7. CRM Technology
  • Web Site Log
  • By performing Web log analysis, firms can do many
    things, (customize Web pages based on visitor
  • Software can also tell which sites the users
    visited immediately before arriving what key
    words they typed in at search engines to find the
    site user domains, and much more.
  • Data Mining
  • Marketers dont need a priori hypotheses to find
    value in databases, but use software to find
    patterns of interest.
  • Real-Time Profiling
  • Customer profiling uses data warehouse
    information to help marketers understand the
    characteristics and behavior of specific target

7. CRM Technology
  • Collaborative Filtering
  • In the offline world, individuals often seek the
    advice of others before making decisions.
  • Collaborative filtering software gathers the
    recommendations of an entire group of people
    presents the results to a like-minded individual.
  •, an international media and entertainment
    store uses collaborative filtering software to
    observe how users browse and buy music, software,
    games, at its site.
  • The more time a user spends at the site, the more
    it will learn about her behavior/preferences
    the better able it will be to present relevant
  • notes that it realized increased revenues
    from using this software, and achieved a positive
    ROI within months.

7. CRM Technology
  • Outgoing E-Mail
  • E-mail is used to communicate with individuals or
    lists of individuals (distributed e-mail) to
    increase their purchases, satisfaction, and
  • Many companies maintain e-mail distribution lists
    for customers and other stakeholders.
  • Permission marketing dictates that customers will
    be pleased to receive e-mail for which they have
  • MyPoints rewards consumers with points and gift
    certificates, all for reading targeted e-mail ads
    and shopping at selected sites.
  • MyPoints client companies pay a fee for these
    e-mails, some of which go directly to customers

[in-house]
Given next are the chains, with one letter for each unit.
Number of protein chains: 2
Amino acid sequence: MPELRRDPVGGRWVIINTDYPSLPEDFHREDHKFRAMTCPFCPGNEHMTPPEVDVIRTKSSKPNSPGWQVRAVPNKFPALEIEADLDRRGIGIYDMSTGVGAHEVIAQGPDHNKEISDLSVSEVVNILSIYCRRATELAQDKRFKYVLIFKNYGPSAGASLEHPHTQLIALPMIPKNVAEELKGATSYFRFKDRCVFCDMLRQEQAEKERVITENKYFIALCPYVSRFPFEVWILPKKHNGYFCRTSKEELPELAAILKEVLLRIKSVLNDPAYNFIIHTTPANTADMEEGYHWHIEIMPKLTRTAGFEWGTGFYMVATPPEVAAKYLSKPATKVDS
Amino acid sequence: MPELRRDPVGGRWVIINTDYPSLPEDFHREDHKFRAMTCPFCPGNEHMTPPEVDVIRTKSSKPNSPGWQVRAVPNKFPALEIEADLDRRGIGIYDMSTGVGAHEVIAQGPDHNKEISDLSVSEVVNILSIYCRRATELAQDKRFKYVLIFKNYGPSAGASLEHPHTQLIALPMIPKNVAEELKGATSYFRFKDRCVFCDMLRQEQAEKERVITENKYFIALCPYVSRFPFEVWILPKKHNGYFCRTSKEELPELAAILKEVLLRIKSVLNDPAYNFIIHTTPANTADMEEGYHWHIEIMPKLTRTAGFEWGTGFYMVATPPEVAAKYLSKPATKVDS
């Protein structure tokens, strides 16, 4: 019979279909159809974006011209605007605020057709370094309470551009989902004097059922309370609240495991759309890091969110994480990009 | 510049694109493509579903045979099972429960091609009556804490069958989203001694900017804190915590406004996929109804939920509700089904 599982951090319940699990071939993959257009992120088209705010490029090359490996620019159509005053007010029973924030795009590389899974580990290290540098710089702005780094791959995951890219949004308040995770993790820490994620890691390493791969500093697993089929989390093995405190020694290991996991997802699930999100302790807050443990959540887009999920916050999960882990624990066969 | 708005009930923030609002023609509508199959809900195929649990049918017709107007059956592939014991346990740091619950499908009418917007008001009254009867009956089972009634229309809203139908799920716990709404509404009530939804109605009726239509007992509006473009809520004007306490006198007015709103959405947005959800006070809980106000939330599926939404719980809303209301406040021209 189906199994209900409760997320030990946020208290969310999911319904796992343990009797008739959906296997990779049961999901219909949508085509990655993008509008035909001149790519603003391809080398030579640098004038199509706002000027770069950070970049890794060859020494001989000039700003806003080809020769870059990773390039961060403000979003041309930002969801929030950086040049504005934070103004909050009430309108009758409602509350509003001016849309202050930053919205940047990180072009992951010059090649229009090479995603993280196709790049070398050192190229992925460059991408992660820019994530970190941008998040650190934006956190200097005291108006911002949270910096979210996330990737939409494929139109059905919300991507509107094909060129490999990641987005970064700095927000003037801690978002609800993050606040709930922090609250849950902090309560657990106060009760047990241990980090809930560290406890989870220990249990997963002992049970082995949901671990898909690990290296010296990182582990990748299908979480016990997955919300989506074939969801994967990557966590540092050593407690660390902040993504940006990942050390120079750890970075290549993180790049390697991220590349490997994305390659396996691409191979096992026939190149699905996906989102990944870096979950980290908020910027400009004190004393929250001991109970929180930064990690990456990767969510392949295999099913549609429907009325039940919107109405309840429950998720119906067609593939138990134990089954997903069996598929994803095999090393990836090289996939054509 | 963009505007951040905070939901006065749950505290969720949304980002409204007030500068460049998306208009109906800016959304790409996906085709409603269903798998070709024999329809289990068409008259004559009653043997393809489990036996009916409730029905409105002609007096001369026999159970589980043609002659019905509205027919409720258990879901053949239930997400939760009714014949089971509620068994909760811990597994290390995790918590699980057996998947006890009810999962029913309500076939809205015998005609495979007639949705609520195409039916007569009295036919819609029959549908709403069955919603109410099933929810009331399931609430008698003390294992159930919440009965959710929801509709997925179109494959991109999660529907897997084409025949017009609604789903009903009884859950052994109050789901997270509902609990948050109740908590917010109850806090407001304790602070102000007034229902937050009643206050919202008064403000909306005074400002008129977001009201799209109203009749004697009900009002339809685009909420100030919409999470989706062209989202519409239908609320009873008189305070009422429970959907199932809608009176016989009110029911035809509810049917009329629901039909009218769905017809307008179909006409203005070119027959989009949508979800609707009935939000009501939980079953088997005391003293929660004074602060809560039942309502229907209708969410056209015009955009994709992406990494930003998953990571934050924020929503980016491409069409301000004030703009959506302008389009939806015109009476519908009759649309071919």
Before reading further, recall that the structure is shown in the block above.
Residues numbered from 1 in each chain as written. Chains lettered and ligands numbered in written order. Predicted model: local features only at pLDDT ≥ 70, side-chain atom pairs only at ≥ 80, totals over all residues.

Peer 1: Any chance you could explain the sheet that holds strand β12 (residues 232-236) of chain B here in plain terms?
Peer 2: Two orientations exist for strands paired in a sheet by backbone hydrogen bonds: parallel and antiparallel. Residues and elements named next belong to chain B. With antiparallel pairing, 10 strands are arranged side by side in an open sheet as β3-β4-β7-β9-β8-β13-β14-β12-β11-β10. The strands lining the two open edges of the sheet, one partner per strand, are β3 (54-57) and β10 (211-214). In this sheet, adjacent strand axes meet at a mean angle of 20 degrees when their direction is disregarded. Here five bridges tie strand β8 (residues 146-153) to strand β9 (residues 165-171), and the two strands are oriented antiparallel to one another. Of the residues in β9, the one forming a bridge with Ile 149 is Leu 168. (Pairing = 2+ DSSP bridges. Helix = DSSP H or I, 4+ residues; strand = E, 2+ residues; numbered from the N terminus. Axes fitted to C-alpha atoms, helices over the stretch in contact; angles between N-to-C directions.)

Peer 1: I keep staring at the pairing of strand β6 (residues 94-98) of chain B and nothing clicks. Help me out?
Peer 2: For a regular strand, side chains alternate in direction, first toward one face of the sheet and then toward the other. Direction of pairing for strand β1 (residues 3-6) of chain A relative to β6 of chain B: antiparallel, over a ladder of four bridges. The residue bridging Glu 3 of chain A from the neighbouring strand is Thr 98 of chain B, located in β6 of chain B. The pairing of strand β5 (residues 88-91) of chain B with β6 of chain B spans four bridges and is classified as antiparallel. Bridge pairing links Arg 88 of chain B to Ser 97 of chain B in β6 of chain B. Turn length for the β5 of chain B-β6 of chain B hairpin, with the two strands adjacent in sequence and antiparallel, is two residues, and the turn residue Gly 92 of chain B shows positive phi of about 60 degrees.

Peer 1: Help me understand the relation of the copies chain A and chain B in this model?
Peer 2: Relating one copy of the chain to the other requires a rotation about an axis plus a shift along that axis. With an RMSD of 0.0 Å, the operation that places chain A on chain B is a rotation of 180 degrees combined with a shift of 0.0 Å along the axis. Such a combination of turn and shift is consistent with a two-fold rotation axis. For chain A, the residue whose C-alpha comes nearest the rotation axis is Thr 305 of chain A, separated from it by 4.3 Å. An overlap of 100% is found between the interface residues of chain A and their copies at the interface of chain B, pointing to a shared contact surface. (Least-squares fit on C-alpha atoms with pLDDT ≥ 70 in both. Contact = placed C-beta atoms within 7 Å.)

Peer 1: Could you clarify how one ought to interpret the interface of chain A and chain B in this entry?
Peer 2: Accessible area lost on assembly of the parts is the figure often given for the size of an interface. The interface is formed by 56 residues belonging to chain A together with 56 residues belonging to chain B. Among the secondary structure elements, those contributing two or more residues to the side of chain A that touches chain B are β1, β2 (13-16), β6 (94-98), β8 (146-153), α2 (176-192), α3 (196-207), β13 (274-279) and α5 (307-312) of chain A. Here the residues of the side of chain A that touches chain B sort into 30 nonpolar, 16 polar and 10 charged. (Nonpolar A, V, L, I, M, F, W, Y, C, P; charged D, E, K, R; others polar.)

as points.
  • MyPoints advertises responsible e-mail
    messaging consumers agree to receive commercial
    messages within their e-mails.

MyPoints Rewards Members for Time Spent
Online Source
7. CRM Technology
  • Outgoing E-Mail
  • Spam does not build relationships but instead
    focuses on customer acquisition.
  • The Internet provides the technology for
    marketers to send 500,000 or more e-mails at the
    click of a mouse for less than the cost of 1
    postage stamp.
  • Relationship-building e-mail requires
  • Sending e-mails that are valuable to users,
  • Sending them as often as users require,
  • Offering users the chance to be taken off the
    list at any time.

7. CRM Technology
  • Chat and Bulletin Boards
  • Firms build community learn about customers and
    products through real-time chat and bulletin
    board/newsgroup e-mail postings at its Web site.
  • Analysis of these exchanges is used in the
    aggregate to design marketing mixes that meet
    user needs.
  • iPOS Terminals
  • Small customer facing machines near the
    brick-and-mortar cash register, used to record a
    buyers signature for a credit card transaction.
  • They can gather survey and other data present
    individually targeted advertising and promotions
    as well.

Selected E-Marketing Pull Customization Tools
Client-Side Tools (pull) Description
Agents Agents are programs that perform functions on behalf of the user, such as search engines and shopping agents.
Experiential marketing Experiential marketing gets the consumer involved in the product to create a memorable experience, offline or online.
Individualized Web portals Personalized Web pages users easily configure at Web sites such as MyYahoo! and many others.
Wireless data services Wireless Web portals send data to customer cell phones, pagers, and PDAs, such as the PalmPilot.
Web forms Web form (or HTML form) is the technical term for a form on a Web page that has designated places for the user to type information for submission.